Download motorcontrol

Survey
yes no Was this document useful for you?
   Thank you for your participation!

* Your assessment is very important for improving the work of artificial intelligence, which forms the content of this project

Transcript
For sophomores and juniors interested in medical
school and undergraduate opportunities:
• A visit by Dr. Paul Catalana, Al Squire, and other guests from
Greenville Hospital System University Medical Center.
• In RMSC 122 (The Pit) starting at 6:30pm, Tuesday Oct 30th.
• Presentation and discussion on the new medical school at Greenville and
undergraduate opportunities through their MedEx program, including
clinical experiences and preparation for medical school.
1QQ # 21 for 10:30
Write each letter, and circle each correct response.
a) Small motor units typically consist of Type II B
myofibers.
b) A motor unit will have at least two of the three types
of skeletal myofibers.
c) Sphincters are classified as tonically contractile.
d) Muscle contraction in multi-unit smooth muscle is
synchronized by gap junctions.
e) Smooth muscles can contract even without a change
in membrane potential.
1QQ # 22 for 11:30
Write each letter, and circle each correct response.
a) Small motor units typically consist of Type II A
myofibers.
b) Large motor units generate greater tension than
small motor units and are recruited first.
c) Sphincters are classified as phasically contractile.
d) Muscle contraction in singleunit smooth muscle is
synchronized by gap junctions.
e) Cardiac myofibers have action potentials and twitch
durations that last about 1-2 milliseconds.
S1
29 October 2012
Chapter 10:
Control of somatic
motor systems
Riding a bike, playing piano,
swinging a bat or golf club….
Video of Trampoline Championship
Benjamin Zander: Classical Music and Shining Eyes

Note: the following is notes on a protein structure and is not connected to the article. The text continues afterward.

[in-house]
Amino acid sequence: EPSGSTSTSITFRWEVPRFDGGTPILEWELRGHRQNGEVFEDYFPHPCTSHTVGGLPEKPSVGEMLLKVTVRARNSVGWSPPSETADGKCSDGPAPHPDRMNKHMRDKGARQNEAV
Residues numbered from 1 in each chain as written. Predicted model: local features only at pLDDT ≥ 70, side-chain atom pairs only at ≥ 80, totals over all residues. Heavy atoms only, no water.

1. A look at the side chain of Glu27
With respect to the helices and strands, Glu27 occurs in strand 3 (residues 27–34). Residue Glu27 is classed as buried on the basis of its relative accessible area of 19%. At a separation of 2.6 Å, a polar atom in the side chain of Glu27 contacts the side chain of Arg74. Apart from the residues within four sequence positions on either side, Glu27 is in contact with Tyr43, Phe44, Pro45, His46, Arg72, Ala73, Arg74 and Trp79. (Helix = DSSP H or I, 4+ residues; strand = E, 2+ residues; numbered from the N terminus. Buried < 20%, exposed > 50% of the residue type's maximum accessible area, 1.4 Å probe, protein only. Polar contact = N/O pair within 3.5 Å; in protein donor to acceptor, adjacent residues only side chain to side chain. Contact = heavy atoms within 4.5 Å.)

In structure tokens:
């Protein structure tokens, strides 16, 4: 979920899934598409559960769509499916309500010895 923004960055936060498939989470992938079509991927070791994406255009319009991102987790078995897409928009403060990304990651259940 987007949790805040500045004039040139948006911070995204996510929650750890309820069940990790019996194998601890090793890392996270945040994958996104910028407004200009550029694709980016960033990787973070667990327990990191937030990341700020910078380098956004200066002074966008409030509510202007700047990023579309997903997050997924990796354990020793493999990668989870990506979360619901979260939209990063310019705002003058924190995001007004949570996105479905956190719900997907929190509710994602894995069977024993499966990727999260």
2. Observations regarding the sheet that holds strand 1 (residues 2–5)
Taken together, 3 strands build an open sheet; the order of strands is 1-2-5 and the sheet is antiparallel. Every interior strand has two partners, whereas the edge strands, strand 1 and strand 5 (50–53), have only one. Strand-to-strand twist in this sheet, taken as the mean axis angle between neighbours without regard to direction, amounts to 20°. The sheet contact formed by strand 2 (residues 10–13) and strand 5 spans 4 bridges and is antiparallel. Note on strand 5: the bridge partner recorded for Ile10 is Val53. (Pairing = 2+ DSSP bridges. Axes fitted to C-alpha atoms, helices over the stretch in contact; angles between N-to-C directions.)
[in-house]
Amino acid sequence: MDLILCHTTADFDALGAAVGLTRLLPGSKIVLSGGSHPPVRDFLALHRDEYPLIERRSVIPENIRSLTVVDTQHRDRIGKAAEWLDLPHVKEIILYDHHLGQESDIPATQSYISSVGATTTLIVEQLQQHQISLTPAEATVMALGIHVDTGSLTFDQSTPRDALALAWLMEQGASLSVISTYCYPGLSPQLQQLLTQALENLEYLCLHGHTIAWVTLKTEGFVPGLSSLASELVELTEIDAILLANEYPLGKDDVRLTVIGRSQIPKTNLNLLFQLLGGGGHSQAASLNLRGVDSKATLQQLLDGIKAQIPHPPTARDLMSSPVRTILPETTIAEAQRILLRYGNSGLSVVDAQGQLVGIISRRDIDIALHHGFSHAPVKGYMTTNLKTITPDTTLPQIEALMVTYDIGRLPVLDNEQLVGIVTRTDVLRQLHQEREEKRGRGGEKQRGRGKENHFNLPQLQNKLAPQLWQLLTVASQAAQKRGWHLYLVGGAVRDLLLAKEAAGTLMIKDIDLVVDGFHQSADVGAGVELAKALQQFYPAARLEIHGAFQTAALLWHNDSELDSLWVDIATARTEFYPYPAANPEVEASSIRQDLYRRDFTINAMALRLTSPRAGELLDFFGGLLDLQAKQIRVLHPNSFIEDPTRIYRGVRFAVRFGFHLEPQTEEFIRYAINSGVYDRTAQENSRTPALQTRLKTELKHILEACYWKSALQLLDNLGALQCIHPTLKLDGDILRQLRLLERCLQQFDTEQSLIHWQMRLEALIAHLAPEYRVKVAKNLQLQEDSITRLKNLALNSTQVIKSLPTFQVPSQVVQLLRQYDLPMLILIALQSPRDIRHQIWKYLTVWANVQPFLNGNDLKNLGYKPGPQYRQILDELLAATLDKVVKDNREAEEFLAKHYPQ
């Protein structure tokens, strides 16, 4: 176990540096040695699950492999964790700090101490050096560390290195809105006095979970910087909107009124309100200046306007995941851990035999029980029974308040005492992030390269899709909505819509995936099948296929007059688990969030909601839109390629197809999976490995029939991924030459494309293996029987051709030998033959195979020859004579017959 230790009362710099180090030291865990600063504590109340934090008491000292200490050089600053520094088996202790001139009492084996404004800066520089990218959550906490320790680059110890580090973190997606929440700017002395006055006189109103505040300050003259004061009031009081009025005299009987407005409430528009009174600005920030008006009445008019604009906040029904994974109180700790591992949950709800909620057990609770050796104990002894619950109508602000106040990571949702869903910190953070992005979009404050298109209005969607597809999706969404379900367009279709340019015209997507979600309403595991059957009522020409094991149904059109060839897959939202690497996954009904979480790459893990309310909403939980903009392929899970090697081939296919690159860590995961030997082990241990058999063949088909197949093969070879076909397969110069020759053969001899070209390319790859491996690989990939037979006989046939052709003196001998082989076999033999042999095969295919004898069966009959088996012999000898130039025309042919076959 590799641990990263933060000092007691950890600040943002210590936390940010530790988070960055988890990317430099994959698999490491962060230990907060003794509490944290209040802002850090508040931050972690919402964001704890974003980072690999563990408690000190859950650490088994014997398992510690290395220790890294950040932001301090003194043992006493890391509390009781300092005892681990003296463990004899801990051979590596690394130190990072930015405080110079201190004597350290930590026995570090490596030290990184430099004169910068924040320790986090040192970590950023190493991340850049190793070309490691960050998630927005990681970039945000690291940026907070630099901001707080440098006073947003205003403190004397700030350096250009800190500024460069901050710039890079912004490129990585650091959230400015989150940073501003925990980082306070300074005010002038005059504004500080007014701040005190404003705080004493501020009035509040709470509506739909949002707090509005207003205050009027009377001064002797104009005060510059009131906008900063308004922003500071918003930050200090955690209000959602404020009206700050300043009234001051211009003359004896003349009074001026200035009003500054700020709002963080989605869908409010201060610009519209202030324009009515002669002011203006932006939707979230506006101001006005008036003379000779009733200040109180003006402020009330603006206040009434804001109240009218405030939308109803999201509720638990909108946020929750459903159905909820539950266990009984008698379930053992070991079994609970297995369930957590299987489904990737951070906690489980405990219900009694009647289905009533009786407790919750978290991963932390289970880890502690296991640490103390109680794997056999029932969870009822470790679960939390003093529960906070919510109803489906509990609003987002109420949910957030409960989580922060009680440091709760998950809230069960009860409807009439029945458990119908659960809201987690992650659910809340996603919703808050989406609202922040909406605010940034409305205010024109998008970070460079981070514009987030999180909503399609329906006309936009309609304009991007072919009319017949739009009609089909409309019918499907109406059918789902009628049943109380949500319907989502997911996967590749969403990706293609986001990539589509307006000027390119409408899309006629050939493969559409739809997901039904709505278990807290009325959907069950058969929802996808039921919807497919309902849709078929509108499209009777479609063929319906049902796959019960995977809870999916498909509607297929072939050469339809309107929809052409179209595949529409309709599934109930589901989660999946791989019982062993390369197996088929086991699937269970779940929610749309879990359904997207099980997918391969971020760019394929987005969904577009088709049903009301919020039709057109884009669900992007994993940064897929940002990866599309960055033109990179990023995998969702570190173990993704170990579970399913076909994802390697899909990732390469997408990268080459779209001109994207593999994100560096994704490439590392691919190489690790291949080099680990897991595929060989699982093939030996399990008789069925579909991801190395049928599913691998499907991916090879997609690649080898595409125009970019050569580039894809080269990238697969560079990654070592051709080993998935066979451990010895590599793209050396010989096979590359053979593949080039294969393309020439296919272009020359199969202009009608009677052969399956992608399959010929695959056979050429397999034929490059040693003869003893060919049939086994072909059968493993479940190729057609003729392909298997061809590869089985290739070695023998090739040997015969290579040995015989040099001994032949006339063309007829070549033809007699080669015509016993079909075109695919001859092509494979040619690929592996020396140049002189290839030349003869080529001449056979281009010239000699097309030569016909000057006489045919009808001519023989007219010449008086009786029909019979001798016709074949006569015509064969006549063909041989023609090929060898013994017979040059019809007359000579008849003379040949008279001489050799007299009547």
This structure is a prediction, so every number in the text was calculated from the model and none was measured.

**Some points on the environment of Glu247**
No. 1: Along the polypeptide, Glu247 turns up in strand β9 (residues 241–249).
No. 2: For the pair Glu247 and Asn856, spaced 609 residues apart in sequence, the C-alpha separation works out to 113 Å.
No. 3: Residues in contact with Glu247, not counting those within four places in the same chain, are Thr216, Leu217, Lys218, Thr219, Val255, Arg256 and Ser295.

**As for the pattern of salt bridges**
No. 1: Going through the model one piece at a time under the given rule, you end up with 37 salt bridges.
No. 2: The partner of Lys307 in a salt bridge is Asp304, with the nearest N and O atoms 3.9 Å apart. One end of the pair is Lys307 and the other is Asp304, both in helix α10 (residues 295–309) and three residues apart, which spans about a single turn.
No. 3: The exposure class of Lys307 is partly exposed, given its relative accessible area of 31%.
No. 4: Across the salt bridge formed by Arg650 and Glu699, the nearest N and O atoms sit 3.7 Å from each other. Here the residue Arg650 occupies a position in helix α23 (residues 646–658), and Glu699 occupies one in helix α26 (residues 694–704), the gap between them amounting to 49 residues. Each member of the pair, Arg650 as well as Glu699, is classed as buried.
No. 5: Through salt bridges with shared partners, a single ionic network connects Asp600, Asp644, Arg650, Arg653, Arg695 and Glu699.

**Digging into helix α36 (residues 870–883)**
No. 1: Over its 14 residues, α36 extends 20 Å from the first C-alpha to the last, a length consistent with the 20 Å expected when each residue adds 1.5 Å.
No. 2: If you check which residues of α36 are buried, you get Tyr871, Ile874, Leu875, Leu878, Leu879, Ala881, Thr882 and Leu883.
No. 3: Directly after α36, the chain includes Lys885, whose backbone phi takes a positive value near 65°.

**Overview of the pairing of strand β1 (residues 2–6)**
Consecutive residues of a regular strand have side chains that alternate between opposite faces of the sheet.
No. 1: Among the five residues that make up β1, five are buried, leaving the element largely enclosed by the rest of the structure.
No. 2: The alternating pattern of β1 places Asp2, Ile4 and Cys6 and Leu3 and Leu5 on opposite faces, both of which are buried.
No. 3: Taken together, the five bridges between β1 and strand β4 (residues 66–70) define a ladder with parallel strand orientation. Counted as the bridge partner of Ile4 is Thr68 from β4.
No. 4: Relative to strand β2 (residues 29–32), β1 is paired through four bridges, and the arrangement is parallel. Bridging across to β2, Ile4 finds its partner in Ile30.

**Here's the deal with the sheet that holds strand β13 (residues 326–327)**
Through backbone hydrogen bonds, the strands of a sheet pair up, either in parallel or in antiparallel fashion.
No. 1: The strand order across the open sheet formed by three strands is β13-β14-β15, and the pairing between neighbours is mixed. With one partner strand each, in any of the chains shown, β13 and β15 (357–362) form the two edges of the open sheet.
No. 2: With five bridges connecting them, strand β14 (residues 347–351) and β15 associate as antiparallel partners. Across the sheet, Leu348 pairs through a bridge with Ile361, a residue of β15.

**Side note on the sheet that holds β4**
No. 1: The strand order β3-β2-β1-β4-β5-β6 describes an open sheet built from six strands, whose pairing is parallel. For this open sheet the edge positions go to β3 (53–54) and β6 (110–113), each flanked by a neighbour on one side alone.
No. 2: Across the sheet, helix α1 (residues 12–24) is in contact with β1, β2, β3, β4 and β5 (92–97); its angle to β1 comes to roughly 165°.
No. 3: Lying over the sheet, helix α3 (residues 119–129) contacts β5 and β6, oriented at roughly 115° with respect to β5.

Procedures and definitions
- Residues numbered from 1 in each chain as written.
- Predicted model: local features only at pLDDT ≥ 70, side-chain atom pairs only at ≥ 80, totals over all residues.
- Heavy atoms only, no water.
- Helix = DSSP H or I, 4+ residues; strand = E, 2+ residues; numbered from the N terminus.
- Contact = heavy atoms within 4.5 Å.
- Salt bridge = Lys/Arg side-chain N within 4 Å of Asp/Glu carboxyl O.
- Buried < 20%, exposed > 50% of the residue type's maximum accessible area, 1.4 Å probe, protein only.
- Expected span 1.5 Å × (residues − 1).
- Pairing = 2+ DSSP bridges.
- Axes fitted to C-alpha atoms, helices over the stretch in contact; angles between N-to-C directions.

Eric Mongrain playing Air Tap
S2
Fig. 10.10a
Each region has
a homunculus
S3
Fig. 10.02
Formerly called “basal ganglia”,
consist of caudate, putamen, and
globus pallidus
Decision to move
S4
Fig. 10.01
Initiates motor command
Coordinates
secondary movements
Corticospinal and
corticobulbar
tracts
Balance and
complex
learned
movements
Pathways?
Other inputs:
Vestibular &
Visual!
Reflex
Examples of
motor
disorders:
Huntington’s
Disease and
Cerebellar
Disorder
S5
Jack Nicholson
One Flew Over the Cuckoo’s Nest
Frontal lobotomy
S 16
Pyramidal tract
Fig. 10.12
Corticospinal tract
Corticobulbar tract
Fine motor control, esp. of extremeties
Extra-Pyramidal tracts
Reticulospinal tract
Vestibulospinal tract
Originate in brainstem,
more involved with posture and equilibrium
Not monosynaptic!
Descending Pathways
S 17
Who Cares?
Video of Huntington’s Chorea
Video of Cerebellar Dysfunction
Video of Trampoline Championship
Locked-in Syndrome
S6
Local control
• Muscle spindle
Spindle
Afferent
gamma motoneurons
– Stretch receptor
– Intrafusal muscle fiber
• What is their role?
• The stretch reflex…
– Follow the reflex arc
– Be able to differentiate
function of afferent fibers,
alpha motor neurons, and
gamma motor neurons
Motor units of
alpha motoneurons
S7
Fig. 10.05ab
This doesn’t happen!
S8
Fig. 10.05c
Co-activation of alpha and gamma
motoneurons insures that the
stretch of muscle can be detected
regardless of the initial length or
state of contraction of that muscle.
S9
Fig. 10.06
Proprioception
pathway via dorsal
column-medial
lemniscus pathway
One component
of Stretch reflex is
monosynaptic
Most common
example:
patellar reflex =
“knee jerk reflex”
Synergistic
&
Antagonistic
S 10
Stretch Reflex
Monosynpatic excitation of motoneurons of
that muscle and synergistic muscles
and polysynaptic inhibition of motoneurons
to antagonistic muscles.
Recall frog reflex lab and existence of spinal
reflexes in single-pithed frogs.
Also, example Christopher Reeve and
patellar reflex.
S 11
Fig. 10.07
S 12
Golgi tendon organs
involved in a reflex to
oppose excessive
muscle tension.
Not monosynaptic.
Not shown:
ascending axons in dorsal
column-medial lemniscus tract.
S 13
Joint angle detectors and cutaneous mechanoreceptors
contribute to sense of body position (proproiception.)
Plus vision and vestibular inputs!
S 14
Crossed-extensor reflex: Common sense… check the book!
S 18
Lifting a load
and contraction velocity
Document related concepts
no text concepts found